Interview with Melanie Maurer

11. July 2017

Within just a few years, Melanie Maurer has worked her way to the top of the Swiss multi-sports scene. The aspiring physiotherapist started her sports career as a handball player, then switched to endurance sports a good five years ago, where she has since gone from success to success.

You turned from a team athlete into an individual athlete. What did you find lacking in handball that you can now live out and experience in endurance sports?

Handball lacked nothing at the time and everything felt just right until I retired due to an injury. I was, however, already cycling during my time as an active handball player. As an individual athlete, I have always enjoyed being free and independent and experiencing and enjoying nature. And sometimes it just does me good to run and not have to think about anything else. In the sports hall, a ball will land on your head if you don’t stay mentally alert. ;-)

Within just a few months you worked your way to the top. In your eyes, what are the key factors that have brought you so far and led to your success?

The reason for my ability to always achieve better results over the past few years was probably mainly due to the fact that I made great progress with my running within a short period of time. Generally speaking, I think my love of the sport itself, a pinch of discipline, my willingness to suffer and a super private life, which has always supported me, are the key factors behind my good results of late.

You are currently studying to become a physiotherapist, train intensively and appear in the ranking lists on an almost weekly basis. Can you tell us what a typical training week looks like for you?

Since my college schedule changes weekly, my training is also different each week, which poses a great challenge for my trainer Manuel Kläusli and me. I usually do a short running or strength training unit before college or work and then again in the evening if a second training unit is called for. I often train alone because this saves me the most time. Tough running intervals are frequently done on the treadmill because I can’t just simply stop. ;-) The longer units are then done at the weekend because I normally have no time during the week.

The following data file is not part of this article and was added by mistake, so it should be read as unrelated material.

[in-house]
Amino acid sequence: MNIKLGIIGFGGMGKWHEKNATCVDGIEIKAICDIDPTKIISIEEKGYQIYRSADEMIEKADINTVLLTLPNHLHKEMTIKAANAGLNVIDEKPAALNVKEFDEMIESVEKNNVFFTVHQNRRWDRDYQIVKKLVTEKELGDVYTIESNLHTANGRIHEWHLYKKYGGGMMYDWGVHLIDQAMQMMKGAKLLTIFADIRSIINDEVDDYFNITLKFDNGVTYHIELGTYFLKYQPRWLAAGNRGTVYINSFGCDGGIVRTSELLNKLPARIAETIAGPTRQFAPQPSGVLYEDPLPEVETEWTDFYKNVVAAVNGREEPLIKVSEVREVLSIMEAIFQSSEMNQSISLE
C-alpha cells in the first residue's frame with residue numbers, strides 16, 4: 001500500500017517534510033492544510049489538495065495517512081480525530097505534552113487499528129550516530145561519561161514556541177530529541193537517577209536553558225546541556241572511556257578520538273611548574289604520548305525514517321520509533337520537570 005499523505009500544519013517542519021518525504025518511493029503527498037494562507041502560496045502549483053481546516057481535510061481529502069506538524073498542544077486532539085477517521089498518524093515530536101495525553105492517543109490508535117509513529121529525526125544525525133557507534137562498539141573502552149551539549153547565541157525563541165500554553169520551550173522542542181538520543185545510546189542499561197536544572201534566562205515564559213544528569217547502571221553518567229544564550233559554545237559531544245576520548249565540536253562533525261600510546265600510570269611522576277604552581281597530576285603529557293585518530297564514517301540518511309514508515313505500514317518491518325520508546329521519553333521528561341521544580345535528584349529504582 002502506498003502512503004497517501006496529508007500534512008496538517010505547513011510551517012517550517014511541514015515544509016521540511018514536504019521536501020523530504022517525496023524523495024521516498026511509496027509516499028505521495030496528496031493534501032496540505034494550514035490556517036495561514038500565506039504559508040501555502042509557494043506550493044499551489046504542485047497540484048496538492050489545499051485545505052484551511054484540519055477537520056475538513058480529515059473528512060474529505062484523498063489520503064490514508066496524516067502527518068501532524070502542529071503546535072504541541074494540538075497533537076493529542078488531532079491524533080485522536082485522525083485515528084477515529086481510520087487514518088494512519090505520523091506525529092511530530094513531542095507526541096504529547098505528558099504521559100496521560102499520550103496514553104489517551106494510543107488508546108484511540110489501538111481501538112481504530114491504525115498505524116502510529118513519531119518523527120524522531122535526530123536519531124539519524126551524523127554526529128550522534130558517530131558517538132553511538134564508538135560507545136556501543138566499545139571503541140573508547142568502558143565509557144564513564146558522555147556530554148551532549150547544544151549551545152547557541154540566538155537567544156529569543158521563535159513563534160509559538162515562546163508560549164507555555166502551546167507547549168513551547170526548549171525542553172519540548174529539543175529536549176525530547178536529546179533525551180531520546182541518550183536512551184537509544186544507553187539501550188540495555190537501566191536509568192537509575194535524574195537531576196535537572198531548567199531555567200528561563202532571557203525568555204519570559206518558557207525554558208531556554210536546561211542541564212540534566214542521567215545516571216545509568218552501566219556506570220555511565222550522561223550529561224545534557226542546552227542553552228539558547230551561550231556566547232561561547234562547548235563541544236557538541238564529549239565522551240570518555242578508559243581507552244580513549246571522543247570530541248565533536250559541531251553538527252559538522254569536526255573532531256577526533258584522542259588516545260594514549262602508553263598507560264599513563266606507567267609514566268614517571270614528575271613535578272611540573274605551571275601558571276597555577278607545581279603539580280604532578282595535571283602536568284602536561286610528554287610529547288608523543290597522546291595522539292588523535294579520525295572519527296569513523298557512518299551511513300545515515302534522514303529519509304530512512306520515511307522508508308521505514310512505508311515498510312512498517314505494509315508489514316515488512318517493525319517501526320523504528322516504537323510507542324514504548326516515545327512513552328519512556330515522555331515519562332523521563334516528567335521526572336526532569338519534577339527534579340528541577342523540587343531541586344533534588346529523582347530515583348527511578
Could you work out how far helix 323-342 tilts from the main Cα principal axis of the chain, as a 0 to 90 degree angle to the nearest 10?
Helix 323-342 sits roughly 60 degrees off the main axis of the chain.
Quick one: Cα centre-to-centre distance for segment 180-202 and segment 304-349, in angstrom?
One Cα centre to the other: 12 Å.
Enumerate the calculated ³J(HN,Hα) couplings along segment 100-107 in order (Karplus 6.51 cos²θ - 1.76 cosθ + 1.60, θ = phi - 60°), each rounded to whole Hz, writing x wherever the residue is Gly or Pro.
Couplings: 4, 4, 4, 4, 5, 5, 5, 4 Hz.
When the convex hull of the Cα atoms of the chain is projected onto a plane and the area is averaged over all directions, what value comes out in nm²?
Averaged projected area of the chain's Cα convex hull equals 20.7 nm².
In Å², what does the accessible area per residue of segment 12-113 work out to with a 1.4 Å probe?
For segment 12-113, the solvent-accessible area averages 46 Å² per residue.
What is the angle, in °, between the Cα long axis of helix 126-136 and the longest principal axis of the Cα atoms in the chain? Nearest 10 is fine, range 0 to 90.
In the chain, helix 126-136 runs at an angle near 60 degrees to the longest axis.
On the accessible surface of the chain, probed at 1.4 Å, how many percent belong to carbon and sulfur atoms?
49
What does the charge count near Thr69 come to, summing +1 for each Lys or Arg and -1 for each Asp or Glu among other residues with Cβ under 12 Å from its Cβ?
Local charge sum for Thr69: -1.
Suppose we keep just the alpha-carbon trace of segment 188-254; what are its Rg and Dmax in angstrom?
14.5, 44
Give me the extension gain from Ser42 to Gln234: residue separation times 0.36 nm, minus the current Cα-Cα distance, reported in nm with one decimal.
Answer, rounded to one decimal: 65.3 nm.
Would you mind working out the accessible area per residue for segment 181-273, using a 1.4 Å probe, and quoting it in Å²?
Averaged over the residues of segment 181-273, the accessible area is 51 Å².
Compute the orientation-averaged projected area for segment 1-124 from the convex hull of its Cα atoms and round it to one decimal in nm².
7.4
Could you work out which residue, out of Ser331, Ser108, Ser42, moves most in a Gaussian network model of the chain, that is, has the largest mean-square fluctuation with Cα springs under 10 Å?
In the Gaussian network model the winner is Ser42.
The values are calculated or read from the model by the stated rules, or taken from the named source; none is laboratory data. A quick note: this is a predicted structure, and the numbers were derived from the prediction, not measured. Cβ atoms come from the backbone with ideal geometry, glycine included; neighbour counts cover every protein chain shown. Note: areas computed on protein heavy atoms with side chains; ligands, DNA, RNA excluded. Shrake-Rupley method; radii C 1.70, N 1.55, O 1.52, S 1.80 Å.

Being a qualified sport scientist, aspiring physiotherapist, and athlete, you are able to wear different “hats” in some situations. As a sport scientist, what three tips would you pass on to ambitious athletes? What three from an athlete’s point of view?

As an athlete, I sometimes also do things for which I should be reprimanded from a scientific point of view. ;-) I write training plans for several amateur athletes, for example, and take the utmost care to make sure there is enough time left for regeneration and rest days. But if according to my training plan I’m not supposed to train and the weather outside is perfect for cycling, then this is not always so easy - science or not.

Therefore: I think it is very important to get to know yourself and your body well and above all, listen to it. The most important thing: enjoy what you do and don’t just follow a plan or eat tons of fruit and vegetables, completely ignoring the delicious chocolate bar. I believe that we endurance athletes should treat our selves more often. And all the studies in the world won’t help you here.

Do you have a key unit that you do before your major races? I basically do a final rehearsal or standardised training unit x days before the real competition.

On the day before the competition I rarely train longer than half an hour. I do a couple of short sprint runs or give it my all on the bike for a few seconds.

Foto: ZVG